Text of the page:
She won't ever ask me to send her my newest songs and she won't ever hear them.
She won't meet who I marry (If I get married) and she won’t ever hold my children (If I have any).
We won't eat a veggie burger on a patio discussing the latest episode of Grey's Anatomy.
I won't be able to take her as my date to a special event and watch her charm the pants off everyone in the room.
I will never get to take her to Australia with me.
She won't be able to call me or text me or attempt a failed facetime.
I will never hear her voice, consoling me or encouraging me or just telling me something new that she has never said before.
I won’t see her cry.
I won’t see her angry.
I won't hear her laugh.
I won’t watch her fill with joy and jump into action.
I will never be able to hug her or smell her or see her again and the list of things that are lost could go on forever.
My grief counselor talked about finding a way to re-integrate your loved one into your life in a new way and although I understood the concept intellectually, any “new way” felt empty compared to the old way. Everything felt empty because of the never-ending list of the things I had lost. Things I thought we would do together, things we could have experienced, things I thought my life would be when my mom was still in it.
But standing on the prairie yesterday morning I began to feel something new. Not only did I notice the butterflies, but I also noticed that the list of things was just that. A list of things. It was not her. And if there is a list of the things that have been lost since she died, there is also a list of the ways she is still in my world and always will be.
She was with me on every step of this trip because I wouldn't have taken it if it wasn't for her.
She was in every conversation I had, and even though she won’t brag about me, I got to brag about her to all her friends and hear them do the same.
I found her picture in the hallway of her university and I saw backstage at the theatre where her and my dad first met.
I stood where she had stood in multiple provinces all across Canada and I told everyone I met about her and how she would have loved this grand adventure I was having.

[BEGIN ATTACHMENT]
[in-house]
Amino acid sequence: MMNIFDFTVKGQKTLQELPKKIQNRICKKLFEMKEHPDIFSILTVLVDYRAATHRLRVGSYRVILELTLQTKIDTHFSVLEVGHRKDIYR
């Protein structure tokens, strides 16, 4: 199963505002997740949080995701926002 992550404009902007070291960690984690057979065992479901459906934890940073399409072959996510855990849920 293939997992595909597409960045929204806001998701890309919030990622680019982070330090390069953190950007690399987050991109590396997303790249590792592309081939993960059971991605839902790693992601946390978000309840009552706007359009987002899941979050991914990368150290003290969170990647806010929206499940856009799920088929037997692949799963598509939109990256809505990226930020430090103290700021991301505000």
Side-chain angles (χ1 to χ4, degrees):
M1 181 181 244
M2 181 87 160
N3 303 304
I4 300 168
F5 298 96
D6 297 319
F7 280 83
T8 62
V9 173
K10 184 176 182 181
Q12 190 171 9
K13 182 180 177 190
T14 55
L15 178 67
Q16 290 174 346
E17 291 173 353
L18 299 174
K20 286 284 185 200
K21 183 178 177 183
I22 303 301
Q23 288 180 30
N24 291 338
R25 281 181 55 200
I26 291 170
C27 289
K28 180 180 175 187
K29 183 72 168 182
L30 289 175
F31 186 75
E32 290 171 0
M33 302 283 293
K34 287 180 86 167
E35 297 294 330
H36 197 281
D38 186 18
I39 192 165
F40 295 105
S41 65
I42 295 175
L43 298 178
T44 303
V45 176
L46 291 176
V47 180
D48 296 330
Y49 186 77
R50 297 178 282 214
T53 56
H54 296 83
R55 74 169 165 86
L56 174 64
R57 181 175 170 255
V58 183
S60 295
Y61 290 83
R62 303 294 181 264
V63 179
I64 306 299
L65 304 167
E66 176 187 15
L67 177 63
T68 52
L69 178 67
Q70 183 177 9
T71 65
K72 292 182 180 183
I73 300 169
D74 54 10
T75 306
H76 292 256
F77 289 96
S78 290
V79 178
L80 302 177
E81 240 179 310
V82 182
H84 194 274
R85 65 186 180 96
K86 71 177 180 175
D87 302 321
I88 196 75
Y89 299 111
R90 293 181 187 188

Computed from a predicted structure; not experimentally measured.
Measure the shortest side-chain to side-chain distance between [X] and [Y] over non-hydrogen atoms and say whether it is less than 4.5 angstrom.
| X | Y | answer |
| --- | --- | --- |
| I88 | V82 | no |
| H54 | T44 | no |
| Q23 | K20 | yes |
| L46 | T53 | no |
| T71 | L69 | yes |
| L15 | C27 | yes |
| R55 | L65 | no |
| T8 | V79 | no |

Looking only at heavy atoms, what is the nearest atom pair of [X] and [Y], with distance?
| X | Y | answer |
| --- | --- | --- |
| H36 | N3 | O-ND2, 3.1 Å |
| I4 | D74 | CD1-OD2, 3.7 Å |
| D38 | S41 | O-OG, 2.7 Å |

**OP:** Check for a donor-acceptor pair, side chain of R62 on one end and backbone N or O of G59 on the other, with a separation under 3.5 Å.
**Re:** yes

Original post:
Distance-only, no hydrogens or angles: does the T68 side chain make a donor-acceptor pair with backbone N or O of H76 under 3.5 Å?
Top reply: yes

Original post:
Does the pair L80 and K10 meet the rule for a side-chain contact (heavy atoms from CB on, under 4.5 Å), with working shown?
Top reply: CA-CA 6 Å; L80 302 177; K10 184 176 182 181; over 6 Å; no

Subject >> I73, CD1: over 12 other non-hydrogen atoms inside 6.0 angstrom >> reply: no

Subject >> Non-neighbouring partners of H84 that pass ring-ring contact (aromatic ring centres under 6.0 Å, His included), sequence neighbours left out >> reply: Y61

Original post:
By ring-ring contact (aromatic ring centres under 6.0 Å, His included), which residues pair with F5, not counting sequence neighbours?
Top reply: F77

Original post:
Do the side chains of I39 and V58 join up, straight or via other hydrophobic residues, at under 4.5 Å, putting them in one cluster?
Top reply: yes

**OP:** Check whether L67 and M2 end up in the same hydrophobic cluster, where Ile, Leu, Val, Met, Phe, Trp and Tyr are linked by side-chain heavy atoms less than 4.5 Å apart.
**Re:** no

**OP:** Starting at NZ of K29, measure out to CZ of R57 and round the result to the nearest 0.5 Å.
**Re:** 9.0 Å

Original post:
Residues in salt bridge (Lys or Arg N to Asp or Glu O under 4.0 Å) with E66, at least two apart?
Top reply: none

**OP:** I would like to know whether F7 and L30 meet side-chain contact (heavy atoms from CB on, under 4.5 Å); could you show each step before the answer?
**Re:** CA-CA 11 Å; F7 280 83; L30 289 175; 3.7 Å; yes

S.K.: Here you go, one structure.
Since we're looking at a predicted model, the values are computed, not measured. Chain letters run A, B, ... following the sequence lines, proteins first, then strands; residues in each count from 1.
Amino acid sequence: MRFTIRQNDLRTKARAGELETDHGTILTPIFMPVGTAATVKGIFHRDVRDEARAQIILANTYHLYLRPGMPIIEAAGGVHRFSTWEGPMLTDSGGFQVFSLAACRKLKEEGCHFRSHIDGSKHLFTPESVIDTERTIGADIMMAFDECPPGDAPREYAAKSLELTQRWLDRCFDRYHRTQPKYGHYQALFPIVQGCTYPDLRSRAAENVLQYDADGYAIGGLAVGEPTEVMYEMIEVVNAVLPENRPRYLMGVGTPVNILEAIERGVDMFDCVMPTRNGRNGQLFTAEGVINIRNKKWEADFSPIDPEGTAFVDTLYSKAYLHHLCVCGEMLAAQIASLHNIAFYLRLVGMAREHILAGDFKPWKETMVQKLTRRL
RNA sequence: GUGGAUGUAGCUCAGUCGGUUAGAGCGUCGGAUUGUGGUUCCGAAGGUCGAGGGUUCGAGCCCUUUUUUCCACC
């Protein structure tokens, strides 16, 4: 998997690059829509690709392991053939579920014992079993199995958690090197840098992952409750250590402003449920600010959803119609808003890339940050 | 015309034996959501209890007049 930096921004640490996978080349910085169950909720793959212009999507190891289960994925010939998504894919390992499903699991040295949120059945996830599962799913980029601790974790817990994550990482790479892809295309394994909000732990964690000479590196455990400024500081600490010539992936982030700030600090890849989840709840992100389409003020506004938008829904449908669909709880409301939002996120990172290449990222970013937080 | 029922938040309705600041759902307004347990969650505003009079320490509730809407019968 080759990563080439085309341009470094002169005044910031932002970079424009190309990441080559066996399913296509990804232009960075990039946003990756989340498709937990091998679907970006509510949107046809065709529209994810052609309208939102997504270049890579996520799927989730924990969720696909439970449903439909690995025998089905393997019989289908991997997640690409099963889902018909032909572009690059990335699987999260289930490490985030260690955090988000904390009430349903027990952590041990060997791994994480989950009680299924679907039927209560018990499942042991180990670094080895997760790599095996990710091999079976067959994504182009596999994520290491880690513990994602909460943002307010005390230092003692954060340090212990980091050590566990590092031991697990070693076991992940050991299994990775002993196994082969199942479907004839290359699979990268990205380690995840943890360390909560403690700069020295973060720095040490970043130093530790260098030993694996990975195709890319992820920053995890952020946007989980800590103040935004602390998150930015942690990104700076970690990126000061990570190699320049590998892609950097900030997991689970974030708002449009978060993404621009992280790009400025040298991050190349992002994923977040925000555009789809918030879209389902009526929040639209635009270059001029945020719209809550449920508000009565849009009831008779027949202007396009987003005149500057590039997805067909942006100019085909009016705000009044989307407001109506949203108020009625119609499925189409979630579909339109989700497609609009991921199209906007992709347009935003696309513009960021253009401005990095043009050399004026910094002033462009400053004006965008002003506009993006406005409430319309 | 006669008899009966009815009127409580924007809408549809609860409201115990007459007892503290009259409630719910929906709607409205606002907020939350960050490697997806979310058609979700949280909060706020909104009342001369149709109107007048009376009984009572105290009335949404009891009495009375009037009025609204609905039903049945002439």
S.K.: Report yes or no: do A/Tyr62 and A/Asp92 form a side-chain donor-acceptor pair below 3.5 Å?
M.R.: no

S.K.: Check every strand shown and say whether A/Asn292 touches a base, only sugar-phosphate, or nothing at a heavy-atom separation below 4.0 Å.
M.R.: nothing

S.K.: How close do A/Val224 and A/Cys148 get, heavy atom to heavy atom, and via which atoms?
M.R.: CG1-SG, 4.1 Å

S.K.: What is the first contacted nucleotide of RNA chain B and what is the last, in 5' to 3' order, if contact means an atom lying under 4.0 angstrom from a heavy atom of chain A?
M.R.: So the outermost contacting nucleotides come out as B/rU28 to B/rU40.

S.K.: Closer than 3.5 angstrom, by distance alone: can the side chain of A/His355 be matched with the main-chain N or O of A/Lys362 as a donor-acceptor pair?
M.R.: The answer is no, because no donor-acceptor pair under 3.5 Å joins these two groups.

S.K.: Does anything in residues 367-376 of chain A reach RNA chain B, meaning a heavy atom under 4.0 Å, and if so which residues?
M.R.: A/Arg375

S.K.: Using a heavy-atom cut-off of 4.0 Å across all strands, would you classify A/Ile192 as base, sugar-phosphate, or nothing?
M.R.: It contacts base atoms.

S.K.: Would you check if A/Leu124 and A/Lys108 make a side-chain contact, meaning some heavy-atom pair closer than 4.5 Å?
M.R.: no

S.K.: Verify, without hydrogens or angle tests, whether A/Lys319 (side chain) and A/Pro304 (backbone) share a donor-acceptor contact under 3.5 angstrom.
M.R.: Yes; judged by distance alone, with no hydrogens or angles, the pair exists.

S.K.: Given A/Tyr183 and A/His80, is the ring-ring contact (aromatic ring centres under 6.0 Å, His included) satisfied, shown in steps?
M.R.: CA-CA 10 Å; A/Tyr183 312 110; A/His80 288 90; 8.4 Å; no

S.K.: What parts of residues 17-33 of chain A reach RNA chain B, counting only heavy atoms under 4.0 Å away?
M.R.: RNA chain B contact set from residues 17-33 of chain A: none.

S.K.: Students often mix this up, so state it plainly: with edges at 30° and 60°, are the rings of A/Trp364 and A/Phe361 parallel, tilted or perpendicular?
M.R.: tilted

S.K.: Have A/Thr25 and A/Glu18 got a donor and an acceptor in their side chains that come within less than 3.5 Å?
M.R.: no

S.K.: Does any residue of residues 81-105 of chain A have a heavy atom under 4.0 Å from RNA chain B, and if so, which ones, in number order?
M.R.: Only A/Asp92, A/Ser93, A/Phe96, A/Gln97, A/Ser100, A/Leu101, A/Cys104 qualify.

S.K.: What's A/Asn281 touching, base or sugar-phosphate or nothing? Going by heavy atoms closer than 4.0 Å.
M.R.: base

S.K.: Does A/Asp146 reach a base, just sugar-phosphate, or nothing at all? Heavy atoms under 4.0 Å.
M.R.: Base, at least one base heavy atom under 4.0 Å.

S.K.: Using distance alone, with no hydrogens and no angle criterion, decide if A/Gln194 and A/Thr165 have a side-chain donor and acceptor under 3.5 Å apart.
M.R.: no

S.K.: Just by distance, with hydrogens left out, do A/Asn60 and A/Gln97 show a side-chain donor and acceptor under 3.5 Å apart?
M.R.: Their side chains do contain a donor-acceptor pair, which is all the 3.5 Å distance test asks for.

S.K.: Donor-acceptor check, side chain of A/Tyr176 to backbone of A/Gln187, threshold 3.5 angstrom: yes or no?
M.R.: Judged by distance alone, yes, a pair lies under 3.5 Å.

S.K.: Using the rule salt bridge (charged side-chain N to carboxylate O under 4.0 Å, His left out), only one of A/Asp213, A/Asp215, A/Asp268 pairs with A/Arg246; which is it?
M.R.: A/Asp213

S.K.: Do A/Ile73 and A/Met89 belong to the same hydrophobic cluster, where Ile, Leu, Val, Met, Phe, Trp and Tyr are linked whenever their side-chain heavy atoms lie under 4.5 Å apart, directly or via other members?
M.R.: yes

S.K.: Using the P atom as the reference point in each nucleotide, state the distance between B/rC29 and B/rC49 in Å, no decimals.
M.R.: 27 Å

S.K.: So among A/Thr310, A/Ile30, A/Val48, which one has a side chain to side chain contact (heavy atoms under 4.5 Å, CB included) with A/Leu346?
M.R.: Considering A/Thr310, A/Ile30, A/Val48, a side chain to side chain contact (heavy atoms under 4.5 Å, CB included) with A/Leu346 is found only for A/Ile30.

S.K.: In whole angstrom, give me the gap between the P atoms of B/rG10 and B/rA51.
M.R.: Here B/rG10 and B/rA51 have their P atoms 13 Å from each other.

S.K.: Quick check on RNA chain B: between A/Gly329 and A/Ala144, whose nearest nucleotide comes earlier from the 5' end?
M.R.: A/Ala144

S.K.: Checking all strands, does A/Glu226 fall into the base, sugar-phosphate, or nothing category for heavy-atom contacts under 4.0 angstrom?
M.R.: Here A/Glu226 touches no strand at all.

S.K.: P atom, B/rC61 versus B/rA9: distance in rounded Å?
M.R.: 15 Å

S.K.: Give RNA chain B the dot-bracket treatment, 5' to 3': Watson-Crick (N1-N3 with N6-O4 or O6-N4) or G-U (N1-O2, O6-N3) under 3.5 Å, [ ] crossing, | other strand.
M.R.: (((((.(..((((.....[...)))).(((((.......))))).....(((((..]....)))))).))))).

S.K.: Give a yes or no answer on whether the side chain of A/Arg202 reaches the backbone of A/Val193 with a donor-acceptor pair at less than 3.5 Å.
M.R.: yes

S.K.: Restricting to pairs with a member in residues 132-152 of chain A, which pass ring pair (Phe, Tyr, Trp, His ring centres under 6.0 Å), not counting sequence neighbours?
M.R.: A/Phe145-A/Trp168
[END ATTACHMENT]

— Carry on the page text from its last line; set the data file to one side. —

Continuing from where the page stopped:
She is in the way I talk and what I choose to talk about.
She in my laugh and my smile and quite frankly my whole face.
I have her feet and her hands and as I age they will look like hers more and more.
She is in my words and my creativity.
She is in my gentleness and my enthusiasm my kindness and my determination.
She is in my sibling and the love we have for each other.
She is in all the creative works she left behind many of which were written specifically for my sibling and I.
She is why I write, why I sing, and why I notice canola flowers on the side of the road.
She is why I want to hug every tree I see.
We love vegetables and we don't eat meat.
We are more interested in picking up rocks to feel their history than learning about that rock from a book.
We want to feel the wind and the water and the hot and the cold and exist in nature as much as we can.
We want to walk for hours, especially if it's sunny, but even if its raining.
We dance in the rain.
We smile at new faces and don't treat them like strangers, even if they are, and we see the good in people even when you have to look closely.
We love people, and we give them the benefit of the doubt.
I say “we” because now everything I do we do together. My mom is "right here" always, in the fibre of my being and if I keep paying attention she will continue to show up for me in new ways that I can add to my new list. Everything I have experienced on this trip, she has too, because she hasn't gone anywhere. If anything she has just gone everywhere.
I haven’t found a permanent clarity, I never will, grief is forever and it would be silly to try to “get over it” or to think that I had figured anything out. Even still, at least in that moment on the prairie, and this moment heading home after my beautiful “love tour” I feel like I have stopped looking for signs from my mom. I don’t need to. She isn’t in any one sign or with me in any one moment, she is simply with me.
She is everywhere that I am, always.
Lets face it, not even death could keep my mom away from me, not now, not ever.